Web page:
“The key thing here is to not blame the mother,” said Cindy Pearson, executive director of the National Women’s Health Network, a consumer advocacy organization.

As the number of childbirth-related deaths has risen – making the USA the most dangerous place in the developed world to give birth – Pearson said too much blame has been placed on mothers for being older, overweight or having underlying health issues.

“That does not in any way, shape or form explain the differences in rates in our community or racial disparities,” she said.

USA TODAY’s ongoing “Deadly Deliveries” investigation has focused on the role of hospital care in preventable deaths and injuries of mothers. Each year, about 50,000 U.S. women are severely harmed and about 700 die because of complications related to childbirth. African-American moms are three to four times more likely than white moms to die or suffer devastating childbirth injuries, studies found.

YoLanda Mention died after giving birth in 2015 despite warning signs she was at risk of stroke from dangerously high blood pressure. She waited for hours in the emergency room of the hospital where she delivered her baby without receiving treatment. Her case was one of several featured in USA TODAY’s investigation of maternal deaths.
Family photo

At hospitals across the country, USA TODAY exposed doctors and nurses failing to follow nationally promoted best practices that make childbirth safer. Little information is publicly available to women about childbirth complication rates at maternity hospitals in their communities, and many hospitals declined to answer questions about whether they follow safety practices.

The legislation would create a national program to confidentially collect and analyze standardized data on every mother’s death. Its stated goal is to identify ways to reduce the number of deaths and serious injuries. The legislation would provide $12 million in funding in fiscal year 2019 to bolster states with maternal mortality review committees and help create committees in more than a dozen  states that lack them.

“The Preventing Maternal Deaths Act takes an important step forward in putting review teams in place in every state,” said Rep. Diana DeGette, D-Colo., one of the bill’s co-sponsors.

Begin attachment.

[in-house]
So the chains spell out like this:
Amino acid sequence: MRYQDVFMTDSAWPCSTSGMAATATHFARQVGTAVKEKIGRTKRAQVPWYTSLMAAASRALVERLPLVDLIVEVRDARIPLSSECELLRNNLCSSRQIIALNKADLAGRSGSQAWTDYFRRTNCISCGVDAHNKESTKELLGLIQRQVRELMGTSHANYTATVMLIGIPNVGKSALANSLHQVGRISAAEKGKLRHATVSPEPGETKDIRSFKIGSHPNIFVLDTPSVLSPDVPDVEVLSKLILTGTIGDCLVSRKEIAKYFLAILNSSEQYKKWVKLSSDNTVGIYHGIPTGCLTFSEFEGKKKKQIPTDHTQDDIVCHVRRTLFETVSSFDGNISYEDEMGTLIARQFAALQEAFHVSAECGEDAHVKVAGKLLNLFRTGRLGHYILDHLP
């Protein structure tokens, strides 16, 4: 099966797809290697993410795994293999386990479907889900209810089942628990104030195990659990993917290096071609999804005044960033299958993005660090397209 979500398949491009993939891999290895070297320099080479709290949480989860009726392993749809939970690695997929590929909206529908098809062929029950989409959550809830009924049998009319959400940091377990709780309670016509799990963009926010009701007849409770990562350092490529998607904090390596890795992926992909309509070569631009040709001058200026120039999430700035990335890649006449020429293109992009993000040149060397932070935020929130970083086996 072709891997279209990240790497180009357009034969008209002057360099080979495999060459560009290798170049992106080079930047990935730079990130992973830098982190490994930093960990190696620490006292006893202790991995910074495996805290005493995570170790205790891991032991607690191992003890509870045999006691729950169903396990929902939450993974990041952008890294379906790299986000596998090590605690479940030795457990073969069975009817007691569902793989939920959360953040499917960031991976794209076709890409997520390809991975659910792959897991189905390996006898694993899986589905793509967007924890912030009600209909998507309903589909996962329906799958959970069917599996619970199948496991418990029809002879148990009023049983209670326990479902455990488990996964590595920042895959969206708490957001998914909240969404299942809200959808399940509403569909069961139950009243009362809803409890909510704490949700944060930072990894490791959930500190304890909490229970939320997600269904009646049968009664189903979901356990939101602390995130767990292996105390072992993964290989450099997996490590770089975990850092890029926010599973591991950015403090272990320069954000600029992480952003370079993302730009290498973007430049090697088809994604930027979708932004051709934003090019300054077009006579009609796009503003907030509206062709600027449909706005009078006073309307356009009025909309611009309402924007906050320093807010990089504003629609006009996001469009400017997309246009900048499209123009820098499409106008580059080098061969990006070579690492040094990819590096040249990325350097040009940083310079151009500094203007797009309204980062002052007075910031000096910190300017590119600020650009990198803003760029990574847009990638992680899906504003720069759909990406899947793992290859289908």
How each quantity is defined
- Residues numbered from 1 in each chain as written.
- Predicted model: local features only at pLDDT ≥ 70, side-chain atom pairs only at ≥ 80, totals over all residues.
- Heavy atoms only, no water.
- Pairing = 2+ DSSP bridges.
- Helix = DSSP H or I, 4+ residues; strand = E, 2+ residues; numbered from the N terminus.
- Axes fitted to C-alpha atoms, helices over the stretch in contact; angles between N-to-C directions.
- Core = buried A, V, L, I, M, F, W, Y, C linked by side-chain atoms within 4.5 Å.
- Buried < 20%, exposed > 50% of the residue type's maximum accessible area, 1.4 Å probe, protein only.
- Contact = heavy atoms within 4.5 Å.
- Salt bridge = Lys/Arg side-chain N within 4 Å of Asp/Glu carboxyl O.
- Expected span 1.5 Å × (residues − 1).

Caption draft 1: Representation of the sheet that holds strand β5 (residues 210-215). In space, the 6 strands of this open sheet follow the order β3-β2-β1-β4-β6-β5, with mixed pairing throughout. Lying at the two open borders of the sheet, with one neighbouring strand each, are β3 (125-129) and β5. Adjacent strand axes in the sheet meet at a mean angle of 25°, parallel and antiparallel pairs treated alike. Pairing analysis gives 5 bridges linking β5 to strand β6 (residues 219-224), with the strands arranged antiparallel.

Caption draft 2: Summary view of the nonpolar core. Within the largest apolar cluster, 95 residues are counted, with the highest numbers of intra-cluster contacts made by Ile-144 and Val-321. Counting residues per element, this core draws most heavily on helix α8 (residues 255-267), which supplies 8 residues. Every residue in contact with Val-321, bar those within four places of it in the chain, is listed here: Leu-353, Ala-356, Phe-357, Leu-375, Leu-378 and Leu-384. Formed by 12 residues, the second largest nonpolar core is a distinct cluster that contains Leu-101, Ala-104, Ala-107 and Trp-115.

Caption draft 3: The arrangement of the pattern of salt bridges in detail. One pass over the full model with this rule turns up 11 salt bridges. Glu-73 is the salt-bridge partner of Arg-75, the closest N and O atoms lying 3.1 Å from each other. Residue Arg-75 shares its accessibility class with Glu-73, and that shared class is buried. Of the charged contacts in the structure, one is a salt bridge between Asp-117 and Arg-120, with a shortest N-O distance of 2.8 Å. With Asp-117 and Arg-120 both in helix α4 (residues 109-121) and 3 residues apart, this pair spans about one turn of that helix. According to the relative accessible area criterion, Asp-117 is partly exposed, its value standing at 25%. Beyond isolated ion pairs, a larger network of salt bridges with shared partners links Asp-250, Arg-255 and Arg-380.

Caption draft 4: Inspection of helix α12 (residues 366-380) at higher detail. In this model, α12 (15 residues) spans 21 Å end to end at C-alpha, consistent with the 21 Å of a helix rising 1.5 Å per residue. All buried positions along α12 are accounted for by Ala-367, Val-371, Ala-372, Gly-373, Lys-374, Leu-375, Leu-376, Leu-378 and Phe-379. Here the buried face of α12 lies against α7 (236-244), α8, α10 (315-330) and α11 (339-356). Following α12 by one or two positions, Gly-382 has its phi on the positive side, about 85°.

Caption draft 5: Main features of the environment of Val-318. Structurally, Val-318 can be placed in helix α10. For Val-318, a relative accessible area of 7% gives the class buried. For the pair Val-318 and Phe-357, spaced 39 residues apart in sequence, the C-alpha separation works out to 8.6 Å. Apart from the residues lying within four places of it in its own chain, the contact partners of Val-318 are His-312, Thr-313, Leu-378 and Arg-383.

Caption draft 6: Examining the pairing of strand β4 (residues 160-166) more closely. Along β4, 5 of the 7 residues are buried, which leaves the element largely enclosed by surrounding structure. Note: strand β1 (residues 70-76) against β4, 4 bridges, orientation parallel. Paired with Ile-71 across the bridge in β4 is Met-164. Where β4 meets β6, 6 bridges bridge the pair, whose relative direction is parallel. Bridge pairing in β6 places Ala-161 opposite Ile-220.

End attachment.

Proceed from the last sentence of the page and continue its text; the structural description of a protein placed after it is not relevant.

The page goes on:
Members of Congress and health care advocates credited news coverage from USA TODAY, ProPublica, NPR and others in getting Congress to pass the legislation.

Rahul Gupta, chief medical and health officer for the March of Dimes, called the bill a “game changer.”

Language in the bill says that for a committee to participate in the program and receive federal funding, it must demonstrate to the CDC that its “methods and processes for data collection and review … use best practices to reliably determine and include all pregnancy-associated deaths and pregnancy-related deaths, regardless of the outcome of the pregnancy.” The legislation would require that committees submit standardized data to the CDC.

Riesterer said it is the legislation’s intent that reviews examine all causes, including issues with the medical care women were provided. She pointed to a model worksheet developed by the CDC for voluntary use by state review committees with fill-in text boxes for contributing factors involving health care providers and facilities.

In a statement, the CDC said that funded review committees “will collect standardized information from all available sources – including medical records and hospital records – for each pregnancy-related death in their jurisdiction. The funded committees would then review this information and provide recommendations for prevention.”

“This legislation is an important first step in what will inevitably be a much broader and ongoing effort,” said Sen. Shelley Moore Capito, R-W.Va., who co-sponsored related legislation in the Senate. “The aim of the bill is to help us, as a country, begin to address maternal mortality rates, to better understand the problem and to draw attention to it – while also ensuring that states still have the flexibility to respond to the specific and unique health needs in their various communities.”

Lisa Hollier, president of the American College of Obstetricians and Gynecologists, said uniformity in how mother’s deaths are reviewed and tracked is key to addressing maternal deaths nationally.

“It’s not untrue that (state committees) could do a better job of investigating and making recommendations for preventing maternal deaths, and that is why the passage of the Preventing Maternal Deaths Act was so critical,” Hollier said.

Some state-to-state differences, she said, can unearth important insights.

“The findings from (committees) will always be somewhat unique because they are based on local data and will reflect the issues of biggest concern for that state,” she said. “Knowledge of local public health issues, such as opioid misuse, smoking, mental health issues, absolutely plays a role in designing programs for preventing maternal deaths and should not be minimized.”

Source: https://eu.usatoday.com/story/news/investigations/deadly-deliveries/2018/12/19/maternal-mortality-rate-bill-targets-chidbirth-deaths/2339750002/